Faisalabad (AsiaNews) - Civil society groups in Faisalabad, Punjab, took to the streets today to demand justice for Zahra Nasim, Pakistan's latest victim of sexual violence and abuse against women.
As in previous cases, rapes are being carried out with complete impunity with the perpetrators released or even not prosecuted, whilst the authorities, the judiciary and police remain inactive.
Just in the past three months, more than a dozen cases of sexual violence and murder have been reported in different parts of the country.
For this reason, Christian and Muslim activists have demonstrated in recent months in a "white ribbon" campaign against violence against women, calling for new laws to protect them.
Zahra Nasim, 17, originally from Faisalabad, was raped by three men on 18 June. After the assault, the Chief Minister of Punjab opened a case against them and had them arrested.
However, a few days later, on 25 June, a judge ordered the release of suspects. Shocked by the news, the young woman took her own life in front of the headquarters of the Commissioner of Police.
Fr John Adil, a priest in Lahore, joined the protest. Calling the whole thing "a sad state of affairs", he bemoaned the fact that law enforcement failed to uphold the law, and in so doing "failed the victims".
In Sindh province, he added, Hindu women are victims of frequent kidnappings and forced conversions, but "nobody ever does anything. . . . How long will all this continue?"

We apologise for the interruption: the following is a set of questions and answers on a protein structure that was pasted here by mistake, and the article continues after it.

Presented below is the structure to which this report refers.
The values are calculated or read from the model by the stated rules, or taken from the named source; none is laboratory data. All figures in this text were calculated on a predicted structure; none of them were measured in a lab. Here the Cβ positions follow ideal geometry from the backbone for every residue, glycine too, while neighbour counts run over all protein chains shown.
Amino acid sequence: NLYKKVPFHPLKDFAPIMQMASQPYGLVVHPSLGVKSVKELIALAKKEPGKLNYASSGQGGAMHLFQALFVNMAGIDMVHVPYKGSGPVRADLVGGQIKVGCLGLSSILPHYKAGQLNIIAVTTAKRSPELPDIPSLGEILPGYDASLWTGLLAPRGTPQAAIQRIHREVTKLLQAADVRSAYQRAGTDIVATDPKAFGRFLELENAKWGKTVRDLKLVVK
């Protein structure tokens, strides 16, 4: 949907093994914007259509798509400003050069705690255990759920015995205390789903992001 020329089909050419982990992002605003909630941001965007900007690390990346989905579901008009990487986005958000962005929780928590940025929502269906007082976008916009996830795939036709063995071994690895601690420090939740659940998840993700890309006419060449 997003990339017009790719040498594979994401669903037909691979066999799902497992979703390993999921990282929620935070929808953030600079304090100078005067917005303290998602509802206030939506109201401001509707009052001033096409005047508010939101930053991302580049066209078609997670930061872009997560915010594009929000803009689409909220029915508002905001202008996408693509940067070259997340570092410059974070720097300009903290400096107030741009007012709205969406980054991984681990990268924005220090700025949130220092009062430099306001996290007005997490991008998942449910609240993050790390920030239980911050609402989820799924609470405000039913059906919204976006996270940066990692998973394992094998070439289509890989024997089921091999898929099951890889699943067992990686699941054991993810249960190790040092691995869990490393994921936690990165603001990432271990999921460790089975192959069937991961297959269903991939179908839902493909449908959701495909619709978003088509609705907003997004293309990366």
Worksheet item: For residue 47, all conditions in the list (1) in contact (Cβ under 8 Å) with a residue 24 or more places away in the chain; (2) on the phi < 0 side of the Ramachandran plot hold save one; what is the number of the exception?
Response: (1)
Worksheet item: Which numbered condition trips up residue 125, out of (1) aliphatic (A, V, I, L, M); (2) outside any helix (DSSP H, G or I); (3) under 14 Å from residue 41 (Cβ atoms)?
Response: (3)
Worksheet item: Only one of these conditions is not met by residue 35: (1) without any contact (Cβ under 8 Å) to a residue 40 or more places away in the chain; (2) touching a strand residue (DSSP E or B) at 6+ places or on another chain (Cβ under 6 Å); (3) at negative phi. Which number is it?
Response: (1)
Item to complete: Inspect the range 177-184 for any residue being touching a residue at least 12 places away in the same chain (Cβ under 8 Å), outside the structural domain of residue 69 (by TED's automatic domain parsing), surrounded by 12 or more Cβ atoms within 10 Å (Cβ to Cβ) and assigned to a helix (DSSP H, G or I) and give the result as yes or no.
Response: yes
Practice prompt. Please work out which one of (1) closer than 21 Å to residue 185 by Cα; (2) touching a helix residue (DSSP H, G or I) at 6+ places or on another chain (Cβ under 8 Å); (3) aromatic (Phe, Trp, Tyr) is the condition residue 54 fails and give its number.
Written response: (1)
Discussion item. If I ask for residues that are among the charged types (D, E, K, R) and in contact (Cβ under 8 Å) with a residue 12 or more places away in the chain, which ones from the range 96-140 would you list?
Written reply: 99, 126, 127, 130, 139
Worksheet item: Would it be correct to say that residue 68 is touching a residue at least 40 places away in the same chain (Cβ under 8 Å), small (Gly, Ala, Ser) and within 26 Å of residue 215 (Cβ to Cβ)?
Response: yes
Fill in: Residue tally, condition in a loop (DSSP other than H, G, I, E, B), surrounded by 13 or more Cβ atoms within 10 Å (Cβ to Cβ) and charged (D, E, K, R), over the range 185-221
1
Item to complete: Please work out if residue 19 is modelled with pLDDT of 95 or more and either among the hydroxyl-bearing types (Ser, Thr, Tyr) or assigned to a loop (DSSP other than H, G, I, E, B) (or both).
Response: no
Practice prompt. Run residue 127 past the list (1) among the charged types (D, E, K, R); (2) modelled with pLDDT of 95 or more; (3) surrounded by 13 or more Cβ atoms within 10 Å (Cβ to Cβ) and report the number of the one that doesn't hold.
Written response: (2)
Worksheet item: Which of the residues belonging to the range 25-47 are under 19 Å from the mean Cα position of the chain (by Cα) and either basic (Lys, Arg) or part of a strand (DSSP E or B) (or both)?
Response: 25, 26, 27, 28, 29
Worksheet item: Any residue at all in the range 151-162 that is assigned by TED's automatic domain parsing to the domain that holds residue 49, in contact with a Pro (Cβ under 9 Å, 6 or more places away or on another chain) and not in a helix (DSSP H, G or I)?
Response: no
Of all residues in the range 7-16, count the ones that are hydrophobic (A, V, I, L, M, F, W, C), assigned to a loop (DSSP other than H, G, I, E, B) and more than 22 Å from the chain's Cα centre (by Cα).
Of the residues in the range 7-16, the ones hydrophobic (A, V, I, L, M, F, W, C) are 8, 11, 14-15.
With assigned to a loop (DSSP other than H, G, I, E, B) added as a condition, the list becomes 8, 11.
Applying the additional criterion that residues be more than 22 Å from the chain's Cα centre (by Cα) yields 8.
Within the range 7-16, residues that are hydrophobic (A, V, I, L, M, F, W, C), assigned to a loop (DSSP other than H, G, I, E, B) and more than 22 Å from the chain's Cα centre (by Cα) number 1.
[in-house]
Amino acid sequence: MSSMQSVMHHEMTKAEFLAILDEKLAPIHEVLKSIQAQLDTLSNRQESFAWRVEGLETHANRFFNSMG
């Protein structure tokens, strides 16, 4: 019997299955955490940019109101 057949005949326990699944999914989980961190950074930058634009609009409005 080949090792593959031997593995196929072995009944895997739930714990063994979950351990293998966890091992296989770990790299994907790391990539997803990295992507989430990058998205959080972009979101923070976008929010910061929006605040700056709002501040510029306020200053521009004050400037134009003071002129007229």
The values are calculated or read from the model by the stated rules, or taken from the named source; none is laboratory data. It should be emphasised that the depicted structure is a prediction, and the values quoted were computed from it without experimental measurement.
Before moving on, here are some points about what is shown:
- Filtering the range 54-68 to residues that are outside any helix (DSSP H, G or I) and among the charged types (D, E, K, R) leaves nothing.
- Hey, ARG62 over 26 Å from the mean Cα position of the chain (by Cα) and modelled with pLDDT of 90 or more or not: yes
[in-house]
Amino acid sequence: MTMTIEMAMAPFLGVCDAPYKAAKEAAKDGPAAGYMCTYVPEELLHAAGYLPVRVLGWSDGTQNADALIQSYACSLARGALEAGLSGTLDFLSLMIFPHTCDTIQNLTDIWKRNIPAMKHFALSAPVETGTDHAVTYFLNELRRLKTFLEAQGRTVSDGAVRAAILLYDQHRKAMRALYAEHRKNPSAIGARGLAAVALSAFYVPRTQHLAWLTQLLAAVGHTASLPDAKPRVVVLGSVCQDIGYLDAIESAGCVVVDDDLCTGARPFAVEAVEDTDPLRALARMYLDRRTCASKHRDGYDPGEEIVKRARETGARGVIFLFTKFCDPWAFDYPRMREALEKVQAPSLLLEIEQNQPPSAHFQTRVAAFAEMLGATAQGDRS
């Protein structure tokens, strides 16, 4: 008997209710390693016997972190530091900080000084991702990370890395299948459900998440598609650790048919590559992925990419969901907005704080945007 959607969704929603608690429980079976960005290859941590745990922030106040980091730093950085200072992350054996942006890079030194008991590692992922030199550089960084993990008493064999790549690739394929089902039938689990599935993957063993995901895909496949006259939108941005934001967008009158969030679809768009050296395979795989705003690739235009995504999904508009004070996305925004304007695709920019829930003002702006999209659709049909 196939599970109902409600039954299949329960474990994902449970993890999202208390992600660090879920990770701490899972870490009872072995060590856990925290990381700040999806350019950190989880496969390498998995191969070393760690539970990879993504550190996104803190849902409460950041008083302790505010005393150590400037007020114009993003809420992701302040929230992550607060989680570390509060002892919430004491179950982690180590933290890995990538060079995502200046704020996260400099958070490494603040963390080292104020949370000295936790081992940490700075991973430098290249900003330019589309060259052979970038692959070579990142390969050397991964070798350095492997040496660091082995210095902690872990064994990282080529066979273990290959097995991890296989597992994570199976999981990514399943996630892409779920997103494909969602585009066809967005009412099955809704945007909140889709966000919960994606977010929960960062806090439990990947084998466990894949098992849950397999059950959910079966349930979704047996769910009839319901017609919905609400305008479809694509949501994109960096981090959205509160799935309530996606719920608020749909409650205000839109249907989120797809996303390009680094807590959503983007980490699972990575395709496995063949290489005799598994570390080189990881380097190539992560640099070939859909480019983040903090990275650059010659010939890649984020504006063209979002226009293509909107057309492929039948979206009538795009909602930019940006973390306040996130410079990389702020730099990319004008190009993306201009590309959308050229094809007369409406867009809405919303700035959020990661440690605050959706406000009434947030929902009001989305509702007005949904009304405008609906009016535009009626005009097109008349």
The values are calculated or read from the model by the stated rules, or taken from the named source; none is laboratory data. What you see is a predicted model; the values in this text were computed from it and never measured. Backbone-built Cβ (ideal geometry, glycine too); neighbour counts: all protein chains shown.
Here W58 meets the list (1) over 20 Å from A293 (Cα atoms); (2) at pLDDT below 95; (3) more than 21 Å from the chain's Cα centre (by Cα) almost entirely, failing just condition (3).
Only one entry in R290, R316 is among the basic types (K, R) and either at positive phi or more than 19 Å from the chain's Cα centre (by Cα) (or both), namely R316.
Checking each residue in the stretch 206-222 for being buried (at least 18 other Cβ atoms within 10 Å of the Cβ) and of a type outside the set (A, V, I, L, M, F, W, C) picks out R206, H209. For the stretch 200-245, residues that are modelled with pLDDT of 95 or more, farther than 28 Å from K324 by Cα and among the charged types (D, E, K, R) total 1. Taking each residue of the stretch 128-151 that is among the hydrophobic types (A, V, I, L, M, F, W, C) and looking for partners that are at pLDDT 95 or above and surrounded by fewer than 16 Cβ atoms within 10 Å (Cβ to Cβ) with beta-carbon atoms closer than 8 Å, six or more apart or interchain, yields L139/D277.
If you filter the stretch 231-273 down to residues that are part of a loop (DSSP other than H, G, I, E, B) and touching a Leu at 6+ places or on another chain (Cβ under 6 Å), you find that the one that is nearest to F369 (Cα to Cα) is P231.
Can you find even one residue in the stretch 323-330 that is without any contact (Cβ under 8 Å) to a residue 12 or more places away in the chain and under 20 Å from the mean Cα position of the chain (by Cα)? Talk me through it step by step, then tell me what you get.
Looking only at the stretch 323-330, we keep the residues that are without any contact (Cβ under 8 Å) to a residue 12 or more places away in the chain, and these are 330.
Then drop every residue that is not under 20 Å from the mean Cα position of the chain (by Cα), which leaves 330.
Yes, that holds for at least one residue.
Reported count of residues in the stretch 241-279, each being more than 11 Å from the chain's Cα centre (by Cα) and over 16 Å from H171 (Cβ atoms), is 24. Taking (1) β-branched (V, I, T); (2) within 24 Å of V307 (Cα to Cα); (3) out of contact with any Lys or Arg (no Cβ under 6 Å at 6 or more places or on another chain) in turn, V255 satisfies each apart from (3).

Human rights activist Arshed Mirza, from Lahore, explains the reasons for the demonstration. "We are protesting against growing violence against women," he said, "victims of rapes and murders, without the justice system intervening to punish those responsible."
"Instead some (Muslim) religious leaders keep on saying that if a woman is raped, she should not complain about it. That is really crazy. "
With a population of more than 180 million people (97 per cent Muslim), Pakistan is the sixth most populous country in the world, the second largest Muslim nation after Indonesia.
About 80 per cent of Muslims are Sunni, whilst Shias are 20 per cent. Hindus are 1.85 per cent, followed by Christians (1.6 per cent) and Sikhs (0.04 per cent).
Violence against ethnic and religious minorities is commonplace across the country, with Shia Muslims and Christians as the main target, with things getting worse.